I was appointed to the National Consultative Committee on Political Funding in August 2015. The committee, chaired by Minister Datuk Paul Low, is making progress and work is still ongoing.
Separately, I have been meeting with several groups and individuals to get their input.
I have also gone through the work by Transparency International Malaysia that was published in 2010, as well as the more recent work by Professor Edmund Terence Gomez.
But for this article, I want to appeal for help from the readers so that I can make a more meaningful contribution to the committee's work.
Please allow me to write as an individual, as this is not a statement from the committee. I would welcome your comments using my contact details below.
Let me start by articulating some issues that I have not been able to solve in my own mind just yet.
As soon as the topic of political financing is raised, many would jump to the issues of what should be allowed and what should be banned. These are usually all well and good.
Yet I cannot help but feel that sometimes the consideration is too simplistic and aimed more at resolving current problems instead of creating a long-lasting policy.
Take foreign funding as an example. Is foreign funding for a political party morally right or wrong?
Many believe it is wrong. They say foreign funding would put the country at risk because politicians would be indebted to their paymasters.
But how important is the geographical location of the donor? If donations can buy politicians, why do we distinguish between foreign and local donations?
Are we suggesting that foreigners must not be allowed to buy our politicians but local donors can? Where is the logic in that?
Maybe, in reality, the geographical source of funding is not the real problem. Maybe we should focus on whether or not there are strings attached to those funds instead.
Yet, even in such cases, let me tell you that the strings can come from Malaysian donors too.
If a recipient wants to sell himself to a donor, the location of that donor is really irrelevant.
In fact, there are perhaps more locally vested interests who would love to have a grip on powerful politicians.
Maybe then the answer is to ban all donations and force political parties to rely on funding from the Government only.
Surely if we want a neutral source of funding, then the best option would be to take Government money.
Now let's put aside the trust deficit suffered by our current administration. Let us assume that we have a totally trusted Government.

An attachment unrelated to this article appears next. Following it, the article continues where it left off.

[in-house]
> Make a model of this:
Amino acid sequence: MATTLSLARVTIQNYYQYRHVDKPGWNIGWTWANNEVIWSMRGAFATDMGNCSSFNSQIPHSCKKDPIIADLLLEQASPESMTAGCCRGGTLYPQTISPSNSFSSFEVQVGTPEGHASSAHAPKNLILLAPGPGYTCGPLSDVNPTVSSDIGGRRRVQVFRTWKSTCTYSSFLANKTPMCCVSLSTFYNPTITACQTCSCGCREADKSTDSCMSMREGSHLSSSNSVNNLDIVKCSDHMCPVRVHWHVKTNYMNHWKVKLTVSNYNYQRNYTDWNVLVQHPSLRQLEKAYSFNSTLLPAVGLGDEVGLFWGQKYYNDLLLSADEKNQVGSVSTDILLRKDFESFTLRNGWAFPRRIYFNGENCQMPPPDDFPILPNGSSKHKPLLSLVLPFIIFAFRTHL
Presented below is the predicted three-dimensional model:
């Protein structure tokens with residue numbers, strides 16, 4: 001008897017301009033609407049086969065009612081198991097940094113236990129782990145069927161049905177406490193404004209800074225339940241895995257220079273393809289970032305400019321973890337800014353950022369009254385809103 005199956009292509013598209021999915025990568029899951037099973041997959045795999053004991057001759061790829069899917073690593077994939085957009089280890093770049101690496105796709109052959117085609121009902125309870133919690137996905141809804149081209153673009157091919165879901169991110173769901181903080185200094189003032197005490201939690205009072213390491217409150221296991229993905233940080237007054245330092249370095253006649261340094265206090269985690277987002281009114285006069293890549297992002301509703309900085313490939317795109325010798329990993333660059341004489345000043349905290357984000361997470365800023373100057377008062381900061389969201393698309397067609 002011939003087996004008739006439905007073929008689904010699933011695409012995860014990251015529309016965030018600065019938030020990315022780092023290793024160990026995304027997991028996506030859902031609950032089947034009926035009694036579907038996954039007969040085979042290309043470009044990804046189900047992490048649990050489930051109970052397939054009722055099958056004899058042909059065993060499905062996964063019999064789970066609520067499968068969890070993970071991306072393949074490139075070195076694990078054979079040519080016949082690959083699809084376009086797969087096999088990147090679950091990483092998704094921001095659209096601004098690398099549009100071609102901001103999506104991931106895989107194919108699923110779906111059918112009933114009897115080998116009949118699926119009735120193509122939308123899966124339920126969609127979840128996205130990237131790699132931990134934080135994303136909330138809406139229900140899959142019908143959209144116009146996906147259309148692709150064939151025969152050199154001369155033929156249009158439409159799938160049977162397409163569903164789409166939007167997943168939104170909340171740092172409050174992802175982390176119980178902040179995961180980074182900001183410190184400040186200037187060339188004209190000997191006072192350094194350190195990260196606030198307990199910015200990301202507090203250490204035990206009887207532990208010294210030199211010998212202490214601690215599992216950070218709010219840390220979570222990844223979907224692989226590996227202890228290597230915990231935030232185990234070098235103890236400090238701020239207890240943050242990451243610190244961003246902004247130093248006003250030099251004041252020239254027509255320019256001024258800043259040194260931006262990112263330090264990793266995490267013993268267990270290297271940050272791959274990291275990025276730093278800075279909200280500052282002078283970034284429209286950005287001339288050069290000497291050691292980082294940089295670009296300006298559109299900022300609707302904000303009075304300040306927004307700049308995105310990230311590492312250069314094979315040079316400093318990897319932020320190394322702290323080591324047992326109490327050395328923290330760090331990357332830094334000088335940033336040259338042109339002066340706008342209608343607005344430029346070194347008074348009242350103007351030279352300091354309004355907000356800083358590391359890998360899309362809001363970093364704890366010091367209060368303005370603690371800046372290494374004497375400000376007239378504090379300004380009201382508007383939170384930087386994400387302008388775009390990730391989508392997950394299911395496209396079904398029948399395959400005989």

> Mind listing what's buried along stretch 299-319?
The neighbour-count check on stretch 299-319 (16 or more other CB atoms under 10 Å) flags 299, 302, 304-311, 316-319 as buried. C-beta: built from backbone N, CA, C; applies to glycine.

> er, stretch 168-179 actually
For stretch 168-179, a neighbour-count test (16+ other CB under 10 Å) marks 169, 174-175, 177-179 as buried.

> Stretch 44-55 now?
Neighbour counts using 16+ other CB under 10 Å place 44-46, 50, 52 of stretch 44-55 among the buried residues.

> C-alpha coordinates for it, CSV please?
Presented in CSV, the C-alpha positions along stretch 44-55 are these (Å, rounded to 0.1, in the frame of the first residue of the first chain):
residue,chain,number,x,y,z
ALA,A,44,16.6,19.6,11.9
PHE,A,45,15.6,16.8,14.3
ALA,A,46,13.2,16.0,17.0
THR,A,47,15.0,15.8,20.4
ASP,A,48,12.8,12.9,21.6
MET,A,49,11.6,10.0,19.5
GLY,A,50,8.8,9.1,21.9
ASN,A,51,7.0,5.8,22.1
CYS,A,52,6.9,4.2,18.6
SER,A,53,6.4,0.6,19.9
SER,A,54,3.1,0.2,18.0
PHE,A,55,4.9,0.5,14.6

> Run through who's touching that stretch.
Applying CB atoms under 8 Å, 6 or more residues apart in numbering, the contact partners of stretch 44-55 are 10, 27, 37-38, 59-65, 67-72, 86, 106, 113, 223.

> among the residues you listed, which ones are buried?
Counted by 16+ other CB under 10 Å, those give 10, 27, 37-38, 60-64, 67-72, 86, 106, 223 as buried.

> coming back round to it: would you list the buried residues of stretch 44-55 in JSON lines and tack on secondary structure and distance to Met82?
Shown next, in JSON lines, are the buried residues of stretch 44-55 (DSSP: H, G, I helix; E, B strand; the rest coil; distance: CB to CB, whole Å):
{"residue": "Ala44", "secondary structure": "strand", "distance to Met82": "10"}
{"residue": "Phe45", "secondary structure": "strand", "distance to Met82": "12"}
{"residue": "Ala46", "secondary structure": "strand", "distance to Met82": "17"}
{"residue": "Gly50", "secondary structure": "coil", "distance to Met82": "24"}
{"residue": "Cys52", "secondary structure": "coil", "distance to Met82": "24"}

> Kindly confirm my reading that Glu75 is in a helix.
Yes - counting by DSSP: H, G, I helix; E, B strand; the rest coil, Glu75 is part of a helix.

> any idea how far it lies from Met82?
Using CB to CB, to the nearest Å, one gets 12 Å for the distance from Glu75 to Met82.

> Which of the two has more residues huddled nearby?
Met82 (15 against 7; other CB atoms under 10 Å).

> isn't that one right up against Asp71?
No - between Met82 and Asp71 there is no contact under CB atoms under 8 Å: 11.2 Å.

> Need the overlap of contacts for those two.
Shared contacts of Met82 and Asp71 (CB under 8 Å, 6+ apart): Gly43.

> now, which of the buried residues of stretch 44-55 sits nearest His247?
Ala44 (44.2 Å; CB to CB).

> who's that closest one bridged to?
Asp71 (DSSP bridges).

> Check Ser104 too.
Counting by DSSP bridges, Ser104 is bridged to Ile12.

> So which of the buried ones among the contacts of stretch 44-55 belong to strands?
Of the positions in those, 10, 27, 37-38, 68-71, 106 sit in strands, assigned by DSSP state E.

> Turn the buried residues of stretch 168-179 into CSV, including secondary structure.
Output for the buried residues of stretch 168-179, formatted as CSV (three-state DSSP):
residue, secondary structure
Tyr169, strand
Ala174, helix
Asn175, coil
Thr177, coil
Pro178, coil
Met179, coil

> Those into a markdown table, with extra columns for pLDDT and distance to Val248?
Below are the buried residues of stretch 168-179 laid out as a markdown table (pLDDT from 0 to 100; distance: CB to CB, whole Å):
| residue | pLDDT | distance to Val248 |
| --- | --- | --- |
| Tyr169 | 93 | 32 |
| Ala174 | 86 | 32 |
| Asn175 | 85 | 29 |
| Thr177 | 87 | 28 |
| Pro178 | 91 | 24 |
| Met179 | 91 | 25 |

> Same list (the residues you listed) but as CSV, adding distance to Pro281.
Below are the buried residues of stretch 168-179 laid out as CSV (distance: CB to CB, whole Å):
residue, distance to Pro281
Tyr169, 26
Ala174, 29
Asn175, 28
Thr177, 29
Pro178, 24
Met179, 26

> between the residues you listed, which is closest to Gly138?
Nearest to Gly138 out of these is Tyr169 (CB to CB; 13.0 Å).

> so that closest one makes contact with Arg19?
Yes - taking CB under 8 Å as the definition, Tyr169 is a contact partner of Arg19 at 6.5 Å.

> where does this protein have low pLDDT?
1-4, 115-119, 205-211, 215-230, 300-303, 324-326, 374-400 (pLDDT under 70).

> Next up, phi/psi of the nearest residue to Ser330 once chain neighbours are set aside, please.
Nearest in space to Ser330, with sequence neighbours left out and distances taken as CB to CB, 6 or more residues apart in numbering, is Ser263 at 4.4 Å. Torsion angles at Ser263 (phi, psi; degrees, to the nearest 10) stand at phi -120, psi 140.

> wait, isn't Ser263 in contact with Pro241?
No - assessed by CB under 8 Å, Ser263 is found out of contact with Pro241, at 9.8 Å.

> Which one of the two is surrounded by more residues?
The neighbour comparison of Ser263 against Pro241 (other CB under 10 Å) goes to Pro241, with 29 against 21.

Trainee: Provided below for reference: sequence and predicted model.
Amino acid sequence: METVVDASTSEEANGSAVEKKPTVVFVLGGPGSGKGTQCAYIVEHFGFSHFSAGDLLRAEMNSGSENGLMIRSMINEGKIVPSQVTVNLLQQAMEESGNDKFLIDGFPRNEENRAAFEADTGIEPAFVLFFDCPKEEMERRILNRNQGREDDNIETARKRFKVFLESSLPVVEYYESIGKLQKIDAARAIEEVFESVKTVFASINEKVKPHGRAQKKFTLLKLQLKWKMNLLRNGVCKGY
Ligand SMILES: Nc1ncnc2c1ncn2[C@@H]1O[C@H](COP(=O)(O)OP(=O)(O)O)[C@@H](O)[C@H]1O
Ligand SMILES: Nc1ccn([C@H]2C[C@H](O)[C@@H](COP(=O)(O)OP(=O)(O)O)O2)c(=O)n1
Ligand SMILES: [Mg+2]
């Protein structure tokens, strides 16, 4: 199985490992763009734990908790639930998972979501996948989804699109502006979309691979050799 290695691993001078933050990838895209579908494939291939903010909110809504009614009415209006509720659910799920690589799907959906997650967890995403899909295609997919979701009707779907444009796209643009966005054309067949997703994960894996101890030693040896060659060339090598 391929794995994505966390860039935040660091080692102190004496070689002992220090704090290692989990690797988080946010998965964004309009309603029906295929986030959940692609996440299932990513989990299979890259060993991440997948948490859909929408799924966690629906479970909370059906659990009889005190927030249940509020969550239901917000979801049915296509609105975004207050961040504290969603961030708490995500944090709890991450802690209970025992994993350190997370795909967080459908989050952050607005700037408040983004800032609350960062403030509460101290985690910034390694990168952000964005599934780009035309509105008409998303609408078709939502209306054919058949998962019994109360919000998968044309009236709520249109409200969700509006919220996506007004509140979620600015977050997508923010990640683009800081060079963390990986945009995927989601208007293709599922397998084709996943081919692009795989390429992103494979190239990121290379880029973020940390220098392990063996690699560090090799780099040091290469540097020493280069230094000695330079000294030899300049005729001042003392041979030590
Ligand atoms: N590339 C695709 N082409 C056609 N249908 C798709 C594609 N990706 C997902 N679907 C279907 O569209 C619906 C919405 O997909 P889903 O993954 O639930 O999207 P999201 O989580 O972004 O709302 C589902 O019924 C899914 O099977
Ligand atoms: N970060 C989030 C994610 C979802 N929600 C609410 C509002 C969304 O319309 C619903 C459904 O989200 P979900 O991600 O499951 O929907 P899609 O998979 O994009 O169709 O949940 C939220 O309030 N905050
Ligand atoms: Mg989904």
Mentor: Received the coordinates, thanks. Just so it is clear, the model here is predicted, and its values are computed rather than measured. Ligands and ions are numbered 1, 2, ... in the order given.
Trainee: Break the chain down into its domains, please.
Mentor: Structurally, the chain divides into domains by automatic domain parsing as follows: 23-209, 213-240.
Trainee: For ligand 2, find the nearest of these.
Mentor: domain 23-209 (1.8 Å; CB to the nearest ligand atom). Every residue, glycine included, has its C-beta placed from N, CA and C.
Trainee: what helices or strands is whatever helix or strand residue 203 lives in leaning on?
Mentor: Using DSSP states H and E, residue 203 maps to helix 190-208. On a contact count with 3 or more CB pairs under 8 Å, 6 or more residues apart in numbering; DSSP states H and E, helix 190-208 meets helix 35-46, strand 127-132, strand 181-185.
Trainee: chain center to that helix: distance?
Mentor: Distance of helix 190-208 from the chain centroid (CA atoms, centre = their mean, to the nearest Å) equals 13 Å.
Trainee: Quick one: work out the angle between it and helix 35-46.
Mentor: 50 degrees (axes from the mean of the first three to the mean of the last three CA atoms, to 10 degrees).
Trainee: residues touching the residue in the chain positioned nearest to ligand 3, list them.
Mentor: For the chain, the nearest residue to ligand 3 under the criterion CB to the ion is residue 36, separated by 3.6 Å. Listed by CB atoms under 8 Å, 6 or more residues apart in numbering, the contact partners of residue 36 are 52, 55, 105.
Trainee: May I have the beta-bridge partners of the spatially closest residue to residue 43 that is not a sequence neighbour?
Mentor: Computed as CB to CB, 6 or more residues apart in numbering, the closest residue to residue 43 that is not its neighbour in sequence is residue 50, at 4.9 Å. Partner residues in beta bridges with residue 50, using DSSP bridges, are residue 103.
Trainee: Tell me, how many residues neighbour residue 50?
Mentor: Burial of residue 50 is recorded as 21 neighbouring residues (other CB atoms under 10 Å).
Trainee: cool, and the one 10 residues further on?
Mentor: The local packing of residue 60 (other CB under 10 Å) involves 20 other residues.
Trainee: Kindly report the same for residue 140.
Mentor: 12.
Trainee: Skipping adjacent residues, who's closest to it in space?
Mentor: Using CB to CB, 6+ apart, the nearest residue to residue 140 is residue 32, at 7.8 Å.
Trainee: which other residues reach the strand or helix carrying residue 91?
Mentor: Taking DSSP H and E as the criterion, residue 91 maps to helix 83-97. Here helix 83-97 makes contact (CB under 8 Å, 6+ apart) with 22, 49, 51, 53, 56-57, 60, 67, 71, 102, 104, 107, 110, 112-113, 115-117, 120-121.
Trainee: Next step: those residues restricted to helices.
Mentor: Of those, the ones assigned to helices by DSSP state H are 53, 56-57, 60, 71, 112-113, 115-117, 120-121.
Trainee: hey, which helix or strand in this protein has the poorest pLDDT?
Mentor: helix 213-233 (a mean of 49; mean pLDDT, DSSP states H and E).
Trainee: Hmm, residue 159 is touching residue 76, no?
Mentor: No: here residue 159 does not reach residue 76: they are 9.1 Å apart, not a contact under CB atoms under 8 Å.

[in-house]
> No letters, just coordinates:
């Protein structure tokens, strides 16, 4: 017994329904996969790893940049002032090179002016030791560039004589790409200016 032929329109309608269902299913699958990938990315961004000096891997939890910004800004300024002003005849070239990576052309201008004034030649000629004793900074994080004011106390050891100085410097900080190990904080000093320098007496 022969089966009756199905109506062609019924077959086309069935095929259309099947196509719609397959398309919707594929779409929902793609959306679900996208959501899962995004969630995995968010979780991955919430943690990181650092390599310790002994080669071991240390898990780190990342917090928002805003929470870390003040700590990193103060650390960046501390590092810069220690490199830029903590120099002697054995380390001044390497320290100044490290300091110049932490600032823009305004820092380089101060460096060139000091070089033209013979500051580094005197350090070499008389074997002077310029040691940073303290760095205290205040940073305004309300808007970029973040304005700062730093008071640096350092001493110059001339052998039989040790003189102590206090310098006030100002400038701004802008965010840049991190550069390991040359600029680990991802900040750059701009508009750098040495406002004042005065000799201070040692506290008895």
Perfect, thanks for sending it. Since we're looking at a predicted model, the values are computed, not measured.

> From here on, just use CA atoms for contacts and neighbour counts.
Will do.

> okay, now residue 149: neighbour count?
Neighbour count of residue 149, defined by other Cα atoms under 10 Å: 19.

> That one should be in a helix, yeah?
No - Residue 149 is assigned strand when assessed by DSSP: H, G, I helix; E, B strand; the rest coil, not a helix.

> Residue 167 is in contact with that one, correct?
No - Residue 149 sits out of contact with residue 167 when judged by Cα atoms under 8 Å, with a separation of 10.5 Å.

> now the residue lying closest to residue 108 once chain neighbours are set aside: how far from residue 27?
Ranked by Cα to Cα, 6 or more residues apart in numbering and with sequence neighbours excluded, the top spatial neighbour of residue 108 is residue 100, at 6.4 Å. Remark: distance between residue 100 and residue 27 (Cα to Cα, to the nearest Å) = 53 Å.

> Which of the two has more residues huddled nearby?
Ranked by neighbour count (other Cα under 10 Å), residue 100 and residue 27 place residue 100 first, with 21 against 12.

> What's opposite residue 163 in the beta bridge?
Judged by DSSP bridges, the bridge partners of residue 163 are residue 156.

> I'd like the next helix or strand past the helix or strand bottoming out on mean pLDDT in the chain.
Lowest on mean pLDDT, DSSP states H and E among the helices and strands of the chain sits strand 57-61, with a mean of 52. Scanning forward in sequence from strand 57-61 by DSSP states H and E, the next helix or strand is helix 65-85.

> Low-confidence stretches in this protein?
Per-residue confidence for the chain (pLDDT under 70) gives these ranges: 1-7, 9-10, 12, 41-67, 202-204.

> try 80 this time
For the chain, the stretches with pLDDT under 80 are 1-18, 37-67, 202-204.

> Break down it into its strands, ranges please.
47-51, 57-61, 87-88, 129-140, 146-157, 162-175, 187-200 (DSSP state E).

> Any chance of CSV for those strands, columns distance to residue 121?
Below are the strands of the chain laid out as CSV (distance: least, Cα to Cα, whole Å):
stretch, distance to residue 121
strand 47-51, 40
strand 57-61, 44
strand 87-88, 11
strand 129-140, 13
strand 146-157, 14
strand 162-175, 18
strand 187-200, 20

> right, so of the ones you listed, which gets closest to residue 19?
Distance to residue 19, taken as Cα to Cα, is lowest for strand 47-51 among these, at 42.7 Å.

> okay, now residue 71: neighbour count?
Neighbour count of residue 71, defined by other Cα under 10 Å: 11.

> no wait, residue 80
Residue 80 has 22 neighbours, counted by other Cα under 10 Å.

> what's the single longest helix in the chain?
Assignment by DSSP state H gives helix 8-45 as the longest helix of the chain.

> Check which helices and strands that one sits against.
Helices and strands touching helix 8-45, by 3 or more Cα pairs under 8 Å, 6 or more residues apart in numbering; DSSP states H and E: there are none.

Even though I know many countries have opted for the Government funding system, I am uncomfortable with the morality of such a policy because it is coercive.
The Government gets their money from taxes. So it is not the Government's money, but rather the money that in reality belongs to you and me.
The Government takes money from us, whether we like it or not, through taxation. We have no choice but to pay.
And now the Government, that takes money away from us through coercion, wants to spend it on political causes that we may abhor. How can that be justified?
Let us take a simple test. Would you voluntarily donate to a racist party? I hope you would say no to that because if you say yes, we have a much bigger problem!
So, assuming you say no, how would you react if I forced you to make a donation?
If you don't like being forced to give money to a party you dislike, why would you support a law to force others to fund causes they don't like?
We are talking about direct funding here. Through this committee, I can propose a law to take your money and directly redistribute it in cash to people who believe that you, your parents, your children and all your descendants are lower class citizens.
My law would make you give your income to a party that could cement racism into all aspects of public policy.
The reality is Government funding of political parties will force you to fund causes you dislike.
Even if the majority of the countries around the world are doing it, how is this morally defensible? Morality is not determined by a majority decision.
Or would it be better to just push for transparency for all donations, but allow voters to decide whether or not they want to vote for a politician who has received money from a particular source?
If voters have sufficient information, why should we interfere any more? Are we saying that the Government knows better than the rakyat?
I must admit that I have intentionally exaggerated some of my comments above in the hope of eliciting responses from you. I sincerely hope this article will spark a flame, urging you to let me know what you think.
Please do drop a line to me at email@example.com or through my Facebook page.
But do not limit your input to just the things I write here. I would welcome comments on anything at all related to political funding.
Wan Saiful Wan Jan is chief executive of the Institute for Democracy and Economic Affairs (www.ideas.org.my). The views expressed here are entirely the writer's own.